The Carroll County Industrial Development Authority unanimously approved a motion during its Dec. 3 meeting asking the Carroll County Board of Supervisors postpone drafting a windmill ordinance for a year.
During a September meeting, the supervisors unanimously voted for County Attorney Jim Cornwell to develop an ordinance by January 2013 that would protect the county’s ridge tops.
IDA board member Barry Hicks said he would “hate to see windmills banned forever” without a careful study of the pros and cons. Roger Wilson added that the IDA and the board of supervisors needed “more information” before adopting an ordinance.
“Windmills might be a source of energy down the road we might need,” said Wilson.
“It doesn’t sound like they got much information,” said Andy Jackson of the supervisors. “There have been a lot of studies (on windmills) done by colleges over the last 30 years that would be helpful.”
Vice Chairman Clinton Willie then made a motion that the “IDA ask the supervisors to table windmills for a year until we’ve been given more details and information.”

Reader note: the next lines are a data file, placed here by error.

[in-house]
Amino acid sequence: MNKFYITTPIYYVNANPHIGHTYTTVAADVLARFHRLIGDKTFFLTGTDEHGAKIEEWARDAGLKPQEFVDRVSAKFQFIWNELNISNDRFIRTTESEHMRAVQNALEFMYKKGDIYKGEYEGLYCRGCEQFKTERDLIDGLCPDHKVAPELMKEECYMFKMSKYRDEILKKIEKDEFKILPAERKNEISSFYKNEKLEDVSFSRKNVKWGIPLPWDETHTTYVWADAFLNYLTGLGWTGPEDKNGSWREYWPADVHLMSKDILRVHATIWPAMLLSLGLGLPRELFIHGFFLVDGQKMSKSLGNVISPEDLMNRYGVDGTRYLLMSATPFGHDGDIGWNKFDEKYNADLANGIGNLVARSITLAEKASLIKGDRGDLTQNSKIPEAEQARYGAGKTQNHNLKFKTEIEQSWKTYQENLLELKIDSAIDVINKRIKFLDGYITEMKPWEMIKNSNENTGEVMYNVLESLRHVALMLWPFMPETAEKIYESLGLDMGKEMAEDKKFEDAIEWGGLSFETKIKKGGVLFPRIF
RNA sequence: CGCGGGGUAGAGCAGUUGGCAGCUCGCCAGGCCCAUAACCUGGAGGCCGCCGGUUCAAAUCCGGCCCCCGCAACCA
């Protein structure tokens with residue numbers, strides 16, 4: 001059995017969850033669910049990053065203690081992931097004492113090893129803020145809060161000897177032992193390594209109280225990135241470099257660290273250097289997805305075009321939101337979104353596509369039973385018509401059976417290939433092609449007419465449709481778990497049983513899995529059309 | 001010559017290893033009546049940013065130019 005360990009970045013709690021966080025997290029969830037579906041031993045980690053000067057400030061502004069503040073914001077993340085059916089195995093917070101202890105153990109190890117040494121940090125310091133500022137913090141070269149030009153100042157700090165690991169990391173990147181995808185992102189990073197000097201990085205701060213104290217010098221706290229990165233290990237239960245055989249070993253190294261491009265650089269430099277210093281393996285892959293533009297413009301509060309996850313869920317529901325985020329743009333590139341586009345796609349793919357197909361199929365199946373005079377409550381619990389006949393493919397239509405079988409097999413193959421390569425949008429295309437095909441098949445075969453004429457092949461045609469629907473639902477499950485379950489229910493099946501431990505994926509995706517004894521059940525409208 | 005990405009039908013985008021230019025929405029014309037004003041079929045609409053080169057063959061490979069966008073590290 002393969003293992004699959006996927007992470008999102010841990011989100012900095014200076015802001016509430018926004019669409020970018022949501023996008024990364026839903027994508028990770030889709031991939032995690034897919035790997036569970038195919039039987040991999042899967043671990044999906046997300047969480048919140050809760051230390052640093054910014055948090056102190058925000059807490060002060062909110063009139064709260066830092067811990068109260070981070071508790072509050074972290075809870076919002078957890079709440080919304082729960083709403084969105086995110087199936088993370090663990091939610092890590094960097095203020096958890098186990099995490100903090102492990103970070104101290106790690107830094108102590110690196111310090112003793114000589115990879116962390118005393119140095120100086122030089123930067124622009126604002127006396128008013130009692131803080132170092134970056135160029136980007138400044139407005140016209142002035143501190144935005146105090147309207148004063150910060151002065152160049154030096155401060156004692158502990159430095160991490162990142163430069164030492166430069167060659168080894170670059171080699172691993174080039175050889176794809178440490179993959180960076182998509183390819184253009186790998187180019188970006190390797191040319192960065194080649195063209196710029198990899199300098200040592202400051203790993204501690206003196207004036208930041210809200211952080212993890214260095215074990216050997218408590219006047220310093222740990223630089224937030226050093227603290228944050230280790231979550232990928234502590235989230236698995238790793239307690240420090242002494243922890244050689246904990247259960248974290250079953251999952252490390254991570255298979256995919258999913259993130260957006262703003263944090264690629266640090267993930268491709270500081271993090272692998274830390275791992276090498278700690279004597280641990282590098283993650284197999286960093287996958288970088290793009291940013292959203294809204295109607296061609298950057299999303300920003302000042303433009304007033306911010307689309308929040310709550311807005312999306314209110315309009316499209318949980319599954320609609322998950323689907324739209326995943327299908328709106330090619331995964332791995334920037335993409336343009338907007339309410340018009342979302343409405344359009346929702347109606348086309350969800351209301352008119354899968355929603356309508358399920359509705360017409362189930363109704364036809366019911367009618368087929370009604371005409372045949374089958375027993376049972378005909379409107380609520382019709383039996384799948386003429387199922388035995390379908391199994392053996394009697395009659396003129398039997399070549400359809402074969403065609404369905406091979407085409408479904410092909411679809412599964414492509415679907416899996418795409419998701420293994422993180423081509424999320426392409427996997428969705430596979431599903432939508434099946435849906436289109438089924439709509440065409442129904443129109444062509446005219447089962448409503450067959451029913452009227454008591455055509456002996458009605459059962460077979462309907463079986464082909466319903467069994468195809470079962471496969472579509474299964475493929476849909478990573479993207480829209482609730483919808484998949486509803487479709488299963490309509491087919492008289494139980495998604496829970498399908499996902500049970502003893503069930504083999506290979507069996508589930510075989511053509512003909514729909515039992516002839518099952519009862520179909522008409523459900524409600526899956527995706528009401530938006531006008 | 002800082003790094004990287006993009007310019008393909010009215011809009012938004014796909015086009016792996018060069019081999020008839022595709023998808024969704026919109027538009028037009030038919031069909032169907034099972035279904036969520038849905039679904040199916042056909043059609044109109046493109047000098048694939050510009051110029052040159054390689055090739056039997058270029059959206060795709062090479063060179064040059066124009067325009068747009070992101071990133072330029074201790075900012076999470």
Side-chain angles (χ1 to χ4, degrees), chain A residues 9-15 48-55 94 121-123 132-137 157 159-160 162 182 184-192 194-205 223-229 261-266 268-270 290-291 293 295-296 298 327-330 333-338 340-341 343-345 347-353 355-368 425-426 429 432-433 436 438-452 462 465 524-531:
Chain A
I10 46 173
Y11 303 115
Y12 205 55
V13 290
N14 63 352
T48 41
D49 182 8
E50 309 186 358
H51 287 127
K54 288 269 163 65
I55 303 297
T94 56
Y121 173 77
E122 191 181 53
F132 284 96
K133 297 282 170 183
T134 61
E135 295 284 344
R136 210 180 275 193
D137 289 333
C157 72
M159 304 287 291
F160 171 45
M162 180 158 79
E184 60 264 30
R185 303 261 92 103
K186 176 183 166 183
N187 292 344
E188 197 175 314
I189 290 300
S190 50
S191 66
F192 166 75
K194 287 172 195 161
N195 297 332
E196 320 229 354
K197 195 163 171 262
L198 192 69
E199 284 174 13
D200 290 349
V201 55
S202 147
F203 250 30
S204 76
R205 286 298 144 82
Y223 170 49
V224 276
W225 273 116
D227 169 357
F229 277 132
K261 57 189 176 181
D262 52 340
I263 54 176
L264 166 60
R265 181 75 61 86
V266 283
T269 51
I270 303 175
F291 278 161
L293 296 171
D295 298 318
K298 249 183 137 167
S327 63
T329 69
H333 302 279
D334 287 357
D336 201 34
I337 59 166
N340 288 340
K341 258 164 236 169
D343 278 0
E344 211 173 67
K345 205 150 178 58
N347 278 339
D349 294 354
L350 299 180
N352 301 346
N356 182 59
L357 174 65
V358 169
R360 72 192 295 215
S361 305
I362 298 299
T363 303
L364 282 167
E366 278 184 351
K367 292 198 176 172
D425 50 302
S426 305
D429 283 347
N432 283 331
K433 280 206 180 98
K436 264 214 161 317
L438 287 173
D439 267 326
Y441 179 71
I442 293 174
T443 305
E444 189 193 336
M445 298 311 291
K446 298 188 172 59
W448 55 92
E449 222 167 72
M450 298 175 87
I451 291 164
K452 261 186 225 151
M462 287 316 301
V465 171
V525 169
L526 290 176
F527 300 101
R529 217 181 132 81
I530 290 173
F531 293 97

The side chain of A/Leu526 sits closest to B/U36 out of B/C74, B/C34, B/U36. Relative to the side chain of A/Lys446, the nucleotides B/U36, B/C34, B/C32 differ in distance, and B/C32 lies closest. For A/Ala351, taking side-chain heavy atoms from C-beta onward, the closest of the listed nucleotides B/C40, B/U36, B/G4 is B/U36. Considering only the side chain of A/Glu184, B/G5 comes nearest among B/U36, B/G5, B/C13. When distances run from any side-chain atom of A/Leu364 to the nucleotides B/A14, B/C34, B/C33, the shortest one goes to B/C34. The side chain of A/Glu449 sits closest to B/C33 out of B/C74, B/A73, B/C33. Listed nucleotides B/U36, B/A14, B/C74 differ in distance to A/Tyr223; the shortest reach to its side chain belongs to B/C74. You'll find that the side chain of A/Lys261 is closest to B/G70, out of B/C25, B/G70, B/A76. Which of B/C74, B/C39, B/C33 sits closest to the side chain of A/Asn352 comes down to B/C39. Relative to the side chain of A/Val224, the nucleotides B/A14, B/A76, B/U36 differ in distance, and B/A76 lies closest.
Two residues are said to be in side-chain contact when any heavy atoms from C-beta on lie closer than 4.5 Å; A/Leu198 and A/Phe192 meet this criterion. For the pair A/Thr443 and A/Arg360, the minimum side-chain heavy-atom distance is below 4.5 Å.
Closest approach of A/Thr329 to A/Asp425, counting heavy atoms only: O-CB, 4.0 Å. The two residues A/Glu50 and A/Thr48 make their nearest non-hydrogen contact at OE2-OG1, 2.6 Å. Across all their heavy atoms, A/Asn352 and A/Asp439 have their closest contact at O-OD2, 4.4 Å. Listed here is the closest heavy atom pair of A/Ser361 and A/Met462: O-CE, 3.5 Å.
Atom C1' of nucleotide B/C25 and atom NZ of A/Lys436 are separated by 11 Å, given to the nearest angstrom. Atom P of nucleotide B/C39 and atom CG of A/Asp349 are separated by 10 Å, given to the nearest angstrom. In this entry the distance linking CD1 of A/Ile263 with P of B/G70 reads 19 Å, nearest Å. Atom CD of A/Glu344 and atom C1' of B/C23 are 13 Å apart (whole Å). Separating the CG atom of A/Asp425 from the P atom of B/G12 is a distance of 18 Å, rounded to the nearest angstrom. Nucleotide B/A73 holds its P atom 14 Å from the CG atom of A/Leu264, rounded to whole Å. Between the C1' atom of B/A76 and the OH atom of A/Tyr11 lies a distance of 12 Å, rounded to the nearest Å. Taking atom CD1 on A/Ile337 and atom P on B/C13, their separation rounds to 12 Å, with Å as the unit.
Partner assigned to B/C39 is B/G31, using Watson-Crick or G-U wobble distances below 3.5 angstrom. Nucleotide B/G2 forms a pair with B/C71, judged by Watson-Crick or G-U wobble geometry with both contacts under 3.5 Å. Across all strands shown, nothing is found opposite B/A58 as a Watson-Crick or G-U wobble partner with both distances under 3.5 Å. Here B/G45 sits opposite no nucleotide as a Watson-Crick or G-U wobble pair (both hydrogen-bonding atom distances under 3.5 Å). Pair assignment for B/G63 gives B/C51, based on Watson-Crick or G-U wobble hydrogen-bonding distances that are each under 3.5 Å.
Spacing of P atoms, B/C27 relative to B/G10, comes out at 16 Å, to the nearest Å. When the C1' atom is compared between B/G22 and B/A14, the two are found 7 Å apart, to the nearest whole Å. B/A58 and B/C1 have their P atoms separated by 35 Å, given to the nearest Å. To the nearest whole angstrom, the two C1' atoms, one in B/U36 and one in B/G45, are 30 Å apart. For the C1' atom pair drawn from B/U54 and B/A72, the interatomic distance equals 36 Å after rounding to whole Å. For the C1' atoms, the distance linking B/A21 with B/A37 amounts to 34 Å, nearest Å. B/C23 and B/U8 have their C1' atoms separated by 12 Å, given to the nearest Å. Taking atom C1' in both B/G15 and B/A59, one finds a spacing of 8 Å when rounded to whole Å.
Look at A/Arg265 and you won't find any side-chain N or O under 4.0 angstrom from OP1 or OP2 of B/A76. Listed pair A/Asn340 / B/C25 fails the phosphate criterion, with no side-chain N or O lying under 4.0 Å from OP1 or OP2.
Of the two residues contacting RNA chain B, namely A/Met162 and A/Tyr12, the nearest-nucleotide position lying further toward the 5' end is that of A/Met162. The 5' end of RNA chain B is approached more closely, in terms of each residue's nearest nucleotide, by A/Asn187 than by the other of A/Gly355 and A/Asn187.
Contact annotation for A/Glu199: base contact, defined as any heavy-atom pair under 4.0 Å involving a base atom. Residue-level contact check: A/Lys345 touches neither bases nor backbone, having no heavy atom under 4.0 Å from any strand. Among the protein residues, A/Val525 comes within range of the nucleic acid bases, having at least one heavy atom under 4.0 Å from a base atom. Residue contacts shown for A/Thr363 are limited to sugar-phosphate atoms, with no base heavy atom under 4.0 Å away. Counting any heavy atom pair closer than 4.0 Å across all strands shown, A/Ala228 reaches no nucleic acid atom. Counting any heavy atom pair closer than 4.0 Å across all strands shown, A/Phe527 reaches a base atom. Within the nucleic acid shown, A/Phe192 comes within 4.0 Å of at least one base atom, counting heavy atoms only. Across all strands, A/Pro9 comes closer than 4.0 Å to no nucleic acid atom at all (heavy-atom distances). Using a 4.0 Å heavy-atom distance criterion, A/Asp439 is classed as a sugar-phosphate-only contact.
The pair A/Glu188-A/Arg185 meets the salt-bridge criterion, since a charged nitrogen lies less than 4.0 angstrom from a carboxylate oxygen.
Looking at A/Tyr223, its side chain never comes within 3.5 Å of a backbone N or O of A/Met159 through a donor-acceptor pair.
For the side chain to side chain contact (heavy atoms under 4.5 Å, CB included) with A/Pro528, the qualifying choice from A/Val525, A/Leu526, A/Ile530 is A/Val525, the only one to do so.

Windmills became a hot topic in Carroll County during an April 9 meeting when Supervisor Bob Martin said a company from Texas was proposing to place windmills on Stoots Mountain. Multiple landowners had been approached by representatives of EDP Renewables/Horizon Wind Energy about a potential wind energy project, sparking much debate in Carroll County.
In August, the supervisors held a public hearing concerning windmills, and formed a committee to study them. After listening to a recommendation from the Windmill Committee and hearing comments from citizens, Supervisor David Hutchins made the motion for the board develop a draft ordinance for review by its January 2013 meeting.
Joshua Hendrick, a member of the Windmill Committee, said, “From all forms of public input received, more people have spoken out in opposition of a utility-scale windmill project in Carroll County than those who are in support. Reasons for opposition to a utility-scale windmill project ranged from environmental impacts, landscape preservation, to potential health risks.”
Hendrick said information gathered has led the Windmill Committee to believe the largest benefit for the general public of Carroll County for hosting a utility-scale windmill project would be the monies collected through machine and tool taxes. Estimates of such monies have not been verified, however, Hendrick sad.